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SQL Injection - Headers


Prevention of SQL injection in the idClient header and application fields


  • Usage of C# for developing robust and efficient software applications
  • Usage of Microsoft.AspNetCore.Mvc for building web applications with ASP.NET Core
  • Usage of Microsoft.EntityFrameworkCore for working with databases in .NET applications


Non compliant code

public async Task<IActionResult> GetClientDetails()
var idClient = Request.Headers["idClient"].ToString();
var client = await _context.Clients.FromSqlRaw("SELECT * FROM Clients WHERE Id = " + idClient).ToListAsync();
return Ok(client);

In the above code, we have a POST method GetClientDetails() which fetches client details from the database. The method retrieves the idClient from the request headers and uses this idClient directly in the SQL query.

This is vulnerable to SQL Injection because the idClient is directly concatenated into the SQL query without any sanitization or parameterization. If an attacker modifies the idClient header to contain SQL code, they can manipulate the query to return unauthorized data, delete data, or execute other malicious SQL commands.

For example, if an attacker sets idClient to 1 OR 1=1, the resulting SQL query would be SELECT * FROM Clients WHERE Id = 1 OR 1=1, which would return all clients, not just the one with Id = 1.

This is a serious security flaw as it provides a potential attacker with the ability to execute arbitrary SQL commands on the database through the application.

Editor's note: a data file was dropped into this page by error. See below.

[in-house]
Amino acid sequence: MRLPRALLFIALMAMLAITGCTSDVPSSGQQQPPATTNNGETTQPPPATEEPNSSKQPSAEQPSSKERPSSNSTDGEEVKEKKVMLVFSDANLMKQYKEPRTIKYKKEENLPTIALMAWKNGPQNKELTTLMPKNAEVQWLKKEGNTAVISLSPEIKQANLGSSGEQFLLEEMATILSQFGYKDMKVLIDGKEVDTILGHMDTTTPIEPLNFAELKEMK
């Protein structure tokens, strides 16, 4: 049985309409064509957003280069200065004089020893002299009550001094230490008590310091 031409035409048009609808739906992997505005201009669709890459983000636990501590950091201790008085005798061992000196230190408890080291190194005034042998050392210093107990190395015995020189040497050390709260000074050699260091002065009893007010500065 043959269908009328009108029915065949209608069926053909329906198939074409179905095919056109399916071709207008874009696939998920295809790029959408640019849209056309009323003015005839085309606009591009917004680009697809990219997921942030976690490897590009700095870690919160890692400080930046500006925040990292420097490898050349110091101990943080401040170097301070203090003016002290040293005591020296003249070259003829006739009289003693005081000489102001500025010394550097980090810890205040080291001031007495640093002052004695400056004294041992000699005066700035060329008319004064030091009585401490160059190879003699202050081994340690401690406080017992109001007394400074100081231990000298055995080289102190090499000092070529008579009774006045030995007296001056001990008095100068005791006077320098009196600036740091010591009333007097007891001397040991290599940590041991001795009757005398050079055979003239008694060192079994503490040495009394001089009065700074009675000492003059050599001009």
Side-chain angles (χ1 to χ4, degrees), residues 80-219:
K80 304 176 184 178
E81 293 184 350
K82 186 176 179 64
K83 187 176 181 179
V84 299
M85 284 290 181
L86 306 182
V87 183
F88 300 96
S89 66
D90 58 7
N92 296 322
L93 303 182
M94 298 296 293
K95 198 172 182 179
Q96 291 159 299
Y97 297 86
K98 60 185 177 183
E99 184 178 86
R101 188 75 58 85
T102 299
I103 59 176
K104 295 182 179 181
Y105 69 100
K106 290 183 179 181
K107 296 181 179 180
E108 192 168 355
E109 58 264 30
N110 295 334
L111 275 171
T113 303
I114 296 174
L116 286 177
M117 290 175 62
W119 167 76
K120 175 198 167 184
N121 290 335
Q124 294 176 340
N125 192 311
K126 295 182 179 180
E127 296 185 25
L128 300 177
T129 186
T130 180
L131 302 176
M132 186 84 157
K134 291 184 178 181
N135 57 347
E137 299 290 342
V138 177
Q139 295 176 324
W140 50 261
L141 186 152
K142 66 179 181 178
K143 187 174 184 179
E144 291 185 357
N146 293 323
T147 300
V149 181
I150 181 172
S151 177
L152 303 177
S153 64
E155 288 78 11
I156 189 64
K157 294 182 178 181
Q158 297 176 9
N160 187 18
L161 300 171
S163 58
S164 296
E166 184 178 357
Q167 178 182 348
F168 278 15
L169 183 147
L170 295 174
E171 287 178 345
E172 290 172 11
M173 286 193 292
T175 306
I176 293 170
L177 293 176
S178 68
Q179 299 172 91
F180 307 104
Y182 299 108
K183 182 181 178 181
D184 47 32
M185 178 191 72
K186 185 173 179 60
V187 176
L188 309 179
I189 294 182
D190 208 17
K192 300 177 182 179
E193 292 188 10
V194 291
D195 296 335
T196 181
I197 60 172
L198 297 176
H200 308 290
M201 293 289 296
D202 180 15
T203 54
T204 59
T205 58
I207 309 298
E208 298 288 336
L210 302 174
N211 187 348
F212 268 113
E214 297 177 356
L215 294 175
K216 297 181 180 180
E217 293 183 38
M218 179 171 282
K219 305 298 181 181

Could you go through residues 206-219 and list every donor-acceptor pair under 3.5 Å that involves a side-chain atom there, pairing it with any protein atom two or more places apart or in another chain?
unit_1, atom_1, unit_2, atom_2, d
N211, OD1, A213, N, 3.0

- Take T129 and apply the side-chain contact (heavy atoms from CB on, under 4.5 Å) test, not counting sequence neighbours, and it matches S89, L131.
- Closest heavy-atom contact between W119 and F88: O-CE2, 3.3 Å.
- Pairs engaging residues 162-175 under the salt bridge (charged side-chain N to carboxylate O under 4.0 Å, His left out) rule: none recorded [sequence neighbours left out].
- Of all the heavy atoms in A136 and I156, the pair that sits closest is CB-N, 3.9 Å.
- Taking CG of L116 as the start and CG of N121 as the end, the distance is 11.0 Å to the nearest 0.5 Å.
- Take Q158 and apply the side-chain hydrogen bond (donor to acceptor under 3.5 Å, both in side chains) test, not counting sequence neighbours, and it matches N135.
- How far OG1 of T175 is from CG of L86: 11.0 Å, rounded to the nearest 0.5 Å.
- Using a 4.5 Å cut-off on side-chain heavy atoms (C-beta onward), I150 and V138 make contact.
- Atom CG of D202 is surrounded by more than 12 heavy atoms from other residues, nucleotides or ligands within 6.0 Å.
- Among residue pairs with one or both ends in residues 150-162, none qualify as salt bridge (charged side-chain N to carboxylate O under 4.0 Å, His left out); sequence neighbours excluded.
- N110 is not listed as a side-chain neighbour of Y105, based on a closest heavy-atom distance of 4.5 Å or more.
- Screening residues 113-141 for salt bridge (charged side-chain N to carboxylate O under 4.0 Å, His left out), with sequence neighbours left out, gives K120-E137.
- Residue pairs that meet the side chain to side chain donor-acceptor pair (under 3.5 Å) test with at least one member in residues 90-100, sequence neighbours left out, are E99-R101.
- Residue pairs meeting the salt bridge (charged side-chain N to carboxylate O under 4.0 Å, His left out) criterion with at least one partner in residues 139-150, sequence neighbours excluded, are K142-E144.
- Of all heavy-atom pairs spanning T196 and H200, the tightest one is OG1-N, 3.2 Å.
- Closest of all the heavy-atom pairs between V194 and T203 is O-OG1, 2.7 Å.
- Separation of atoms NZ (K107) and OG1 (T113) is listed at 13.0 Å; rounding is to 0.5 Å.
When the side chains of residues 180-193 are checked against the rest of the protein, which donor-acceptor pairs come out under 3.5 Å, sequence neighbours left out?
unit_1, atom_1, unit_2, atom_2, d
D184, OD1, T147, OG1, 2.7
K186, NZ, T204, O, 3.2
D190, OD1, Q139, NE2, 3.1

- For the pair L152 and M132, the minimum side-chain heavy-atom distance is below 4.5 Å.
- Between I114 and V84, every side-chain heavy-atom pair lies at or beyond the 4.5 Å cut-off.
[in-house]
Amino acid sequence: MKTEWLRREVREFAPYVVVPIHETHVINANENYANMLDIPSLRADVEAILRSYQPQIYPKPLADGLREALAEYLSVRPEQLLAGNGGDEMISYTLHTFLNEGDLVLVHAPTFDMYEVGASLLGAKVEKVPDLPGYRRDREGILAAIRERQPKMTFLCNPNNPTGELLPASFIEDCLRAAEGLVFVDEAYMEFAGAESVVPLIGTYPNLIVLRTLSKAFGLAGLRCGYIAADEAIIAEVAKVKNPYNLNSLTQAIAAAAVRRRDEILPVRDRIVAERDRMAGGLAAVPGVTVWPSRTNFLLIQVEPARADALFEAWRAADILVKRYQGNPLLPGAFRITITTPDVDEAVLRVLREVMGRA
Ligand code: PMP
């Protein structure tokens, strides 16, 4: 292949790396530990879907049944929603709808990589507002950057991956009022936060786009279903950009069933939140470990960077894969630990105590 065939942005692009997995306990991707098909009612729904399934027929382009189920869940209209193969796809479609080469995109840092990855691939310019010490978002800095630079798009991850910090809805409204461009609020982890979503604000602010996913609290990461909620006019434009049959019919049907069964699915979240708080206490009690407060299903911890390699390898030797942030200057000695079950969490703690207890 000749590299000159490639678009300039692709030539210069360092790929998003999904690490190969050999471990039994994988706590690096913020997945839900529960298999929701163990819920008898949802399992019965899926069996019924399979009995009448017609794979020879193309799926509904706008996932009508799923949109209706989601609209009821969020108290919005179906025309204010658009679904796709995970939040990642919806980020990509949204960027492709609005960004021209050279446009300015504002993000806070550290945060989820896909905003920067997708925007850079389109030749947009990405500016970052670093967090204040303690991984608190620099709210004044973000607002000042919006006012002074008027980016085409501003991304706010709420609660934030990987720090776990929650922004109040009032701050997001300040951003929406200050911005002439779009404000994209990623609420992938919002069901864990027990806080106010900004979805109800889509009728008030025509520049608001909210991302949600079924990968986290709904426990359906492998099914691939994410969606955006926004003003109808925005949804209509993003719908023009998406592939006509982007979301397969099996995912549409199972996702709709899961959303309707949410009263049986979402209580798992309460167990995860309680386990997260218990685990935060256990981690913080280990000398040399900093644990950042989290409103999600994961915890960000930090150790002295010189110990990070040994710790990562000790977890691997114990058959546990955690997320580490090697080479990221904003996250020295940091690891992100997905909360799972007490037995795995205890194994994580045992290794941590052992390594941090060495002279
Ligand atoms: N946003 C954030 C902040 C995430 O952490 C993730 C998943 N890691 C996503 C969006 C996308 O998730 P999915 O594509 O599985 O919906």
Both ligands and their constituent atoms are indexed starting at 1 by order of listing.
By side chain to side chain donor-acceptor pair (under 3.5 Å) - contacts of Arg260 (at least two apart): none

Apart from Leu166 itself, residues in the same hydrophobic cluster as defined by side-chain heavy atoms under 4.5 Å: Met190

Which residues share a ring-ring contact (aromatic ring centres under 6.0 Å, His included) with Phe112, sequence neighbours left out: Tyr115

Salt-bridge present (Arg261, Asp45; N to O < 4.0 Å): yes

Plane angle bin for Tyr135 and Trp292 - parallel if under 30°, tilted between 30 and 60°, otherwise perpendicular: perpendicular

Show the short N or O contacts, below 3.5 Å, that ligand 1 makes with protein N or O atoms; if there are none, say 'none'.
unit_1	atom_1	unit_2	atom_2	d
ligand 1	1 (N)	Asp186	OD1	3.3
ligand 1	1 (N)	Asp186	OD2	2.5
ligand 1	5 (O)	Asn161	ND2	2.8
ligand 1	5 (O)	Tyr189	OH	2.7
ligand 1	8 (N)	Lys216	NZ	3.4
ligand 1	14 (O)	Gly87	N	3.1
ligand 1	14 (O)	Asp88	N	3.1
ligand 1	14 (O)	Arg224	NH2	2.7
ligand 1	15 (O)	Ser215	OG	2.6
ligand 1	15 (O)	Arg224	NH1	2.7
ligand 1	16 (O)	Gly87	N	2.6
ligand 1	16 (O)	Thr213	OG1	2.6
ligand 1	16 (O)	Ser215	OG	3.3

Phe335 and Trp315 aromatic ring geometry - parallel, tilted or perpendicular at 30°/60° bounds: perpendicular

• Use parameterized queries or prepared statements to prevent SQL injection.
  • Validate and sanitize user input before using it in SQL queries.
  • Use built-in ORM (Object-Relational Mapping) frameworks or libraries to handle database operations.
  • Implement proper input validation and data validation techniques to ensure the data is of the expected format and type.
  • Implement a whitelist approach for input validation, allowing only specific characters or patterns.
  • Implement proper authentication and authorization mechanisms to prevent unauthorized access to sensitive data.
  • Regularly update and patch the application and its dependencies to fix any known security vulnerabilities.
  • Conduct regular security audits and penetration testing to identify and address any potential vulnerabilities.

Compliant code

public async Task<IActionResult> GetClientDetails()
var idClient = Request.Headers["idClient"].ToString();
var client = await _context.Clients.FromSqlInterpolated($"SELECT * FROM Clients WHERE Id = {idClient}").ToListAsync();
return Ok(client);

The original code was vulnerable to SQL Injection attacks because it directly concatenated a value from the HTTP headers into a SQL query. This means that an attacker could potentially manipulate the idClient header to execute arbitrary SQL commands.

The fixed code uses parameterized queries to prevent SQL Injection. The FromSqlInterpolated method in Entity Framework Core is used to create a parameterized query. This method replaces {idClient} with a parameter in the generated SQL query, and any necessary SQL escaping is done automatically.

This way, even if an attacker tries to inject SQL commands into the idClient header, they will be treated as a string literal in the SQL query and will not be executed as SQL commands.

In addition to this, it's recommended to implement proper input validation and sanitization techniques to ensure that the idClient header contains only valid client IDs. This could include checking that the idClient is a valid integer, and rejecting any requests where it's not.

Regular security audits and updates should also be conducted to ensure that the application and its dependencies are free from known security vulnerabilities.